2. Frank56 says:

    Very good Fray, Number 1, I found your speech interesting to read. You said so many things I would have want to say in a May day speech. You did say:

    “But there are a few places to start. One is to study how these oppressive systems develop and how oppressed people fight them. The capitalists are smart and have a lot of resources on their side. If we want to win we have to be smarter and that means we have to learn both through study and through our experiences in struggle.”

    I would like to have to said to out smart the capitalist is to read the best book on capitalism, Capital by Marx. It is the most detailed study of the capitalist system I have found.

    We also need to study from all revolutions especially the Bolshevik revolution to learn from their correct strategies and their mistakes. We need to see if property destruction was one of the key tactis that led to the overthrow of centuries of Tsarism. We need to ask if Marxism played an important, or perhaps the most important role on over throwing Tsarism.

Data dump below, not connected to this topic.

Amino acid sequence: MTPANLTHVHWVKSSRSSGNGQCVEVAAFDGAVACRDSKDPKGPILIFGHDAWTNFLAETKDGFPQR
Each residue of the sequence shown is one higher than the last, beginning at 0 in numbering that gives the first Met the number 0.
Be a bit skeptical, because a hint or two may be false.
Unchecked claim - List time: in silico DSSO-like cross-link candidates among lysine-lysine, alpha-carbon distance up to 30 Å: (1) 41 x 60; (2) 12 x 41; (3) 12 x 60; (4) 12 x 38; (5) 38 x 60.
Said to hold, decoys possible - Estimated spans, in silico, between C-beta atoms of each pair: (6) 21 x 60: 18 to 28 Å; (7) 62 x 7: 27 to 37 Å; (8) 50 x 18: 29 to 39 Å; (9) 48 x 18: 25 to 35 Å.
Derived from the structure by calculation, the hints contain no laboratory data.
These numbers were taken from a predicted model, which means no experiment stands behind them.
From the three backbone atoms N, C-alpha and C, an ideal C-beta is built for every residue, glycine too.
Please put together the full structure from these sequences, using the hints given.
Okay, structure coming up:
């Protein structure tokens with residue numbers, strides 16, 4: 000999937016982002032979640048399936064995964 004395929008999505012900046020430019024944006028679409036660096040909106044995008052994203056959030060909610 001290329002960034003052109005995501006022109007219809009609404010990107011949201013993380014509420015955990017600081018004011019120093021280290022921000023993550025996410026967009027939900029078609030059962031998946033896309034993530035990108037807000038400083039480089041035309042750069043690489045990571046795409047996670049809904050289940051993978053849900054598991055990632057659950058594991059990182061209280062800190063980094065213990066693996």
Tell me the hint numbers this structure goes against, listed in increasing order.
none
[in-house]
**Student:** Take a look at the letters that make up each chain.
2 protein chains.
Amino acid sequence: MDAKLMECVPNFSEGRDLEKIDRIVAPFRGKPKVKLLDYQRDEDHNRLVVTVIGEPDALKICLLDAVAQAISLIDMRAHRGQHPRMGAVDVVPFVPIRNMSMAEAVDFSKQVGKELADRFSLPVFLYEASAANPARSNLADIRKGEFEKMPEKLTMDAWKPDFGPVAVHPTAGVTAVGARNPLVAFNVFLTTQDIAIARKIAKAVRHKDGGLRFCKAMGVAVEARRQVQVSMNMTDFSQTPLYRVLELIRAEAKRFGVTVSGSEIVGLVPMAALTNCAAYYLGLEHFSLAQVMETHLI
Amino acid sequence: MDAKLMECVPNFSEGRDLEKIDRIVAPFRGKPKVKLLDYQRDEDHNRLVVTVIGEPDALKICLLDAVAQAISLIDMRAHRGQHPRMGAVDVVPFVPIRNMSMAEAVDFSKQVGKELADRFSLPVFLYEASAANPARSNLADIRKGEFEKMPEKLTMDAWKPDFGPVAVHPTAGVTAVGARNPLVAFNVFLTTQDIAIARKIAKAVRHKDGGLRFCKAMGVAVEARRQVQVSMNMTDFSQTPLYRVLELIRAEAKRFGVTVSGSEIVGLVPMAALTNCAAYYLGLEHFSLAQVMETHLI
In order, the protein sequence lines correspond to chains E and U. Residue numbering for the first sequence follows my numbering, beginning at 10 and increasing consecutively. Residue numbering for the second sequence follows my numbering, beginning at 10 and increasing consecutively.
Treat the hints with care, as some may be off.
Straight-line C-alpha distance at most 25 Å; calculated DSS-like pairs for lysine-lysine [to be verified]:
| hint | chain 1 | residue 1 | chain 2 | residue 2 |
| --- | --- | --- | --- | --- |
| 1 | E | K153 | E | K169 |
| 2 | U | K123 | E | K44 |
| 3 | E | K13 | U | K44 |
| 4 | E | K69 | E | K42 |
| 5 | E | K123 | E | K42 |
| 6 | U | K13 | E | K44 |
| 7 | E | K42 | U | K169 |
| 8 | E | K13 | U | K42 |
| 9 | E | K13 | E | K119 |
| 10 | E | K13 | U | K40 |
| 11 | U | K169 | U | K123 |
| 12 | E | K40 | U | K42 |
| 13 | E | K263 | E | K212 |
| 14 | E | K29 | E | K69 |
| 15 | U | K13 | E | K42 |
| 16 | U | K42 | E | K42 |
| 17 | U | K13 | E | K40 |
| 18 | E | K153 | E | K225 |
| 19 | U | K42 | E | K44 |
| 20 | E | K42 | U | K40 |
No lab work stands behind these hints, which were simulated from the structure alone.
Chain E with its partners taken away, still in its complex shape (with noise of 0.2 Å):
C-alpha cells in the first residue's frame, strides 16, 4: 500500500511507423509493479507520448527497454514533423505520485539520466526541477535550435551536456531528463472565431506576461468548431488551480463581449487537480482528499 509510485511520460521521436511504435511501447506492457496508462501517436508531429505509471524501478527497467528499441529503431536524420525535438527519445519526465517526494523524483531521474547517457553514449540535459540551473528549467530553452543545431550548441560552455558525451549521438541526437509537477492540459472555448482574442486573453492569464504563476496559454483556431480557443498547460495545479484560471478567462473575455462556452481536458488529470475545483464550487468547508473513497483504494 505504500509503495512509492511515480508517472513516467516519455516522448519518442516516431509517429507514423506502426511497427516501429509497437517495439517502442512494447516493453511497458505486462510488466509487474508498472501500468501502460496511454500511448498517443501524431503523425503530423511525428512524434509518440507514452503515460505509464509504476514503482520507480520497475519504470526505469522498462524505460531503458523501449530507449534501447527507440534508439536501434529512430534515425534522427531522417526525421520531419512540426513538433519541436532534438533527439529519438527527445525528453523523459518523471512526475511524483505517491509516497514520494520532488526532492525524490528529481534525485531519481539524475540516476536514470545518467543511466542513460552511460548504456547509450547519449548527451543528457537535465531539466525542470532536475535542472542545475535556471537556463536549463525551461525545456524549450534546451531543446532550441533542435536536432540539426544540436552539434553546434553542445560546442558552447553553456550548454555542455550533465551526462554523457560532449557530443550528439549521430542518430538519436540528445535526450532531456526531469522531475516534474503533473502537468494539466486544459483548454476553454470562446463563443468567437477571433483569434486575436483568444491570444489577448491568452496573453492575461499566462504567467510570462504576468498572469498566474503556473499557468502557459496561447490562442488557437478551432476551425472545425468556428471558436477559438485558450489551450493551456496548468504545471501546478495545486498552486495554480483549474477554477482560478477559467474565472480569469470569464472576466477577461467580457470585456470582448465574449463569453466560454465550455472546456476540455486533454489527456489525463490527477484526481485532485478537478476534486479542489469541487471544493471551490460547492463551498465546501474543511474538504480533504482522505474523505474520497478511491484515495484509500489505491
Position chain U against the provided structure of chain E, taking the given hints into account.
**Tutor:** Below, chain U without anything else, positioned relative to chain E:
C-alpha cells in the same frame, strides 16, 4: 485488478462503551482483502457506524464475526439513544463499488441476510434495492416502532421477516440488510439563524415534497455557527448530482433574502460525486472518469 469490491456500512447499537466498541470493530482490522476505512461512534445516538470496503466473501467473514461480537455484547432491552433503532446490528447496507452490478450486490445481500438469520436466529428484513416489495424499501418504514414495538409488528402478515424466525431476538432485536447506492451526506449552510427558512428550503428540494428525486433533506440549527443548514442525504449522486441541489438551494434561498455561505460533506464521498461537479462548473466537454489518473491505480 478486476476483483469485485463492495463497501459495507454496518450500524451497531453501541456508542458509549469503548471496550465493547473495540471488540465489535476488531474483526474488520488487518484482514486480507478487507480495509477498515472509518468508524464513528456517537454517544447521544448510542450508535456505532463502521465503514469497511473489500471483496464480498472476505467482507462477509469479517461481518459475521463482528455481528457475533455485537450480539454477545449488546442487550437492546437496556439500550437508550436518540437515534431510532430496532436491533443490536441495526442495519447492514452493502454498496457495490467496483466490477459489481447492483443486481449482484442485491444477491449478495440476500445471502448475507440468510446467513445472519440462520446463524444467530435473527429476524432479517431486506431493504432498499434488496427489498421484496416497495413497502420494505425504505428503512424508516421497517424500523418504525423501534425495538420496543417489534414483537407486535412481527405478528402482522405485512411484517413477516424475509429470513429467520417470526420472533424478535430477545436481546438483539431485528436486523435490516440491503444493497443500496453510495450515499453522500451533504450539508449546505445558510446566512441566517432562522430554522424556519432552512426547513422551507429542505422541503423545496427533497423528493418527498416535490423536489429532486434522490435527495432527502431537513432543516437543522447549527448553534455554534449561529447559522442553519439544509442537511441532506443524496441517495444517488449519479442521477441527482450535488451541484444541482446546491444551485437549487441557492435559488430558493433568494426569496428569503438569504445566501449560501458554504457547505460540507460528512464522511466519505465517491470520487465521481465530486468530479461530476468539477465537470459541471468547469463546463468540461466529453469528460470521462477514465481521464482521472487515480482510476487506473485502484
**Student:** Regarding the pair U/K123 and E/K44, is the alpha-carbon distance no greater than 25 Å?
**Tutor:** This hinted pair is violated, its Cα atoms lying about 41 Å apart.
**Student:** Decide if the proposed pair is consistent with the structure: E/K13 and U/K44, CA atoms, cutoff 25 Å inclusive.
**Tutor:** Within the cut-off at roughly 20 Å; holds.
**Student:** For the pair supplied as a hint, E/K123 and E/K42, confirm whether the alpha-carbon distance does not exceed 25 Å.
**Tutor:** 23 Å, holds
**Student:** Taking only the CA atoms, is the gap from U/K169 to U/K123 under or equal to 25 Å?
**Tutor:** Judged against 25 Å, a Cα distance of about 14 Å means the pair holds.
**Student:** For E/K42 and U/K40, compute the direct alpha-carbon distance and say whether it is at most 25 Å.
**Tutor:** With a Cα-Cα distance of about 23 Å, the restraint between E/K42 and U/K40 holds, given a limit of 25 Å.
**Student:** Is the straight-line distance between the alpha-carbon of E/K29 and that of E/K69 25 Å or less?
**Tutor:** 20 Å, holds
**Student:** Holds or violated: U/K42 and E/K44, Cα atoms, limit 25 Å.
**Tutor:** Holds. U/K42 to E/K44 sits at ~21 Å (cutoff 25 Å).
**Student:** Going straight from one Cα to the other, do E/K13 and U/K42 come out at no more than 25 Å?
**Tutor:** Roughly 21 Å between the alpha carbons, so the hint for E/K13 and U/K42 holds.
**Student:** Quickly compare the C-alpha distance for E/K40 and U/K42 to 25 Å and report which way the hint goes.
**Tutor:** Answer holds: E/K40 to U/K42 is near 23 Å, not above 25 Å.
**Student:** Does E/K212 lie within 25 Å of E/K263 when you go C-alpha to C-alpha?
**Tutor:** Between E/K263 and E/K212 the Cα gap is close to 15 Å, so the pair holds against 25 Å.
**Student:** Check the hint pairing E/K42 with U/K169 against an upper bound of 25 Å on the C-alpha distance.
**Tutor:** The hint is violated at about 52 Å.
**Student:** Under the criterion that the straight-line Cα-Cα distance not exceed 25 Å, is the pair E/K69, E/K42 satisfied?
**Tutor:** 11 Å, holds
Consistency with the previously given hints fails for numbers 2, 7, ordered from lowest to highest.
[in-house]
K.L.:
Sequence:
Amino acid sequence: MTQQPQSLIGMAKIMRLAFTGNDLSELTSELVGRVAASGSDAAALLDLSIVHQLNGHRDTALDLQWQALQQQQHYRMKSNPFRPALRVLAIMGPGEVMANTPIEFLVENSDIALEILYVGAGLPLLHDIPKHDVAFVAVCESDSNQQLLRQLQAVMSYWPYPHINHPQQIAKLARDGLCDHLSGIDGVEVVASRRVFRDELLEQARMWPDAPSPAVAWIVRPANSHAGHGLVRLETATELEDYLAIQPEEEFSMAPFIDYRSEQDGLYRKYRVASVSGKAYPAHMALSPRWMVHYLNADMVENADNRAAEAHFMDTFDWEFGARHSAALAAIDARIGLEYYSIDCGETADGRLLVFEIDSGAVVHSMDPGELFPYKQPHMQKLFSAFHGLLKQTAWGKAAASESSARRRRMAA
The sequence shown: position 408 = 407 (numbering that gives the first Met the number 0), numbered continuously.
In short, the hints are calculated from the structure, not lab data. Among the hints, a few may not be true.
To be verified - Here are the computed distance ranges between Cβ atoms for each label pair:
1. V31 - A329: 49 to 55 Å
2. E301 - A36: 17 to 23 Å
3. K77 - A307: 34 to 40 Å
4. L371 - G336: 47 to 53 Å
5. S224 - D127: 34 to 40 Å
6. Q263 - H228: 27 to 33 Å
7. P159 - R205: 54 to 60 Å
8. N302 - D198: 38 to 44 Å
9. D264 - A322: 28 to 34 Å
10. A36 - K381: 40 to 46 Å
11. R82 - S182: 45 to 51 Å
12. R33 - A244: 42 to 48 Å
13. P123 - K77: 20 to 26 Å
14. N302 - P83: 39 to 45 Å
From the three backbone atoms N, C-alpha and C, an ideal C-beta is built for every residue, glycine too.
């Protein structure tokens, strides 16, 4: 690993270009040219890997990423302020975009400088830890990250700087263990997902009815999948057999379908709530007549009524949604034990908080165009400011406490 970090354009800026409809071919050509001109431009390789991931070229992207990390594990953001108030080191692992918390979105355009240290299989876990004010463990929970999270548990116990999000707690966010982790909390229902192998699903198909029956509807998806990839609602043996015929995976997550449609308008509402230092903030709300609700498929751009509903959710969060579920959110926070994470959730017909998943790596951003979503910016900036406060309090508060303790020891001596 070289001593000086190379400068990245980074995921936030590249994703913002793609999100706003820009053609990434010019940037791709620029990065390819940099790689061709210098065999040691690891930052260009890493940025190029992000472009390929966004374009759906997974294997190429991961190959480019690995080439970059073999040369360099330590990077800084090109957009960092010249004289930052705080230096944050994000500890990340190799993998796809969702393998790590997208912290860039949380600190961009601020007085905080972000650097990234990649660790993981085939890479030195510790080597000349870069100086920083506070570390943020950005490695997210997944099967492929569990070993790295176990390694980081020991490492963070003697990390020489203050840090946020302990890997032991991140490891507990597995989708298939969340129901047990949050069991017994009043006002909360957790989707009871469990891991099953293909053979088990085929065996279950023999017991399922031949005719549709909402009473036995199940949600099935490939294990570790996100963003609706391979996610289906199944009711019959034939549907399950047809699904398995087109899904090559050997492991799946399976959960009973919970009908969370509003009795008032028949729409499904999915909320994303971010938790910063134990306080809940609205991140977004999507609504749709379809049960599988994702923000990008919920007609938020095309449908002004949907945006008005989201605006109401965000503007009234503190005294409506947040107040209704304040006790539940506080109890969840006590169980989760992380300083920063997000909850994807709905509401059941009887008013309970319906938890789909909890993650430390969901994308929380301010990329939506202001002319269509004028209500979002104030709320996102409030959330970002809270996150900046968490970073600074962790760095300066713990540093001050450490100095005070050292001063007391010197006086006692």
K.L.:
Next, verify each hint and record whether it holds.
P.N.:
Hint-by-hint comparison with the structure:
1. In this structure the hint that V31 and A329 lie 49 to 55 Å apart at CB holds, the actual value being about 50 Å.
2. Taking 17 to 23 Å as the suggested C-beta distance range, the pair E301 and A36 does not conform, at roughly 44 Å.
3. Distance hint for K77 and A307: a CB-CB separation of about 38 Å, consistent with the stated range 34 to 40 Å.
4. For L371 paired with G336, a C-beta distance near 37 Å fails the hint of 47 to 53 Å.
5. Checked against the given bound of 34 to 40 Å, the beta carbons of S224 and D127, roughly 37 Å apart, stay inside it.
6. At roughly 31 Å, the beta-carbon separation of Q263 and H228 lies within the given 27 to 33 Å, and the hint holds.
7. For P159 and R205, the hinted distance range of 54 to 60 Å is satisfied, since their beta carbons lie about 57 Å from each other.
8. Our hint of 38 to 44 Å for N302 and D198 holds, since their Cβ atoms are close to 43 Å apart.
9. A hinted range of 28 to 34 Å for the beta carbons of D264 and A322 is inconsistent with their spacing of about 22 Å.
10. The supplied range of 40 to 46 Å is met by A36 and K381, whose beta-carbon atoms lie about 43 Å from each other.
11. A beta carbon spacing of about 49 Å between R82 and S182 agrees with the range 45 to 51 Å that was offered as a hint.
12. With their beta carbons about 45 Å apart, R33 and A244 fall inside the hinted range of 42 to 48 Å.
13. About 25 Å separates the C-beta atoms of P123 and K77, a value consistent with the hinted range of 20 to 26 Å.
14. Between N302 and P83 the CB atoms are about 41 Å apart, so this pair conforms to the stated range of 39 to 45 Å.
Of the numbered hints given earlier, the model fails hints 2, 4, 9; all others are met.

And if most Anarchist I meet can already explain how oppresive systems evolve or develop, something is happening that I welcome. For example, how the capitalist evolved from the feudal system before it.

    • mamos206 says:

      Wait, wait , wait, hold up Frank….. noone in Seattle tried to do any of that stuff, they simply smashed some windows. The anarchists here had nothing to do with blowing up bridges, or 9/11. If you claim to be a Marxist get your facts straight and don’t compare other revolutionaries to 9/11 hijackers -that’s completely irresponsible and plays into the systems’ hands. Windows were broken at banks, the courthouse, and corporate businesses. That’s it. Noone was hurt – except of course by the police who specialize in hurting people. And many anarchists here are serious about studying theory, including Marx’s Capital, and are also serious about working class organizing, strikes, etc. Let’s not fall into sectarian stereotypes.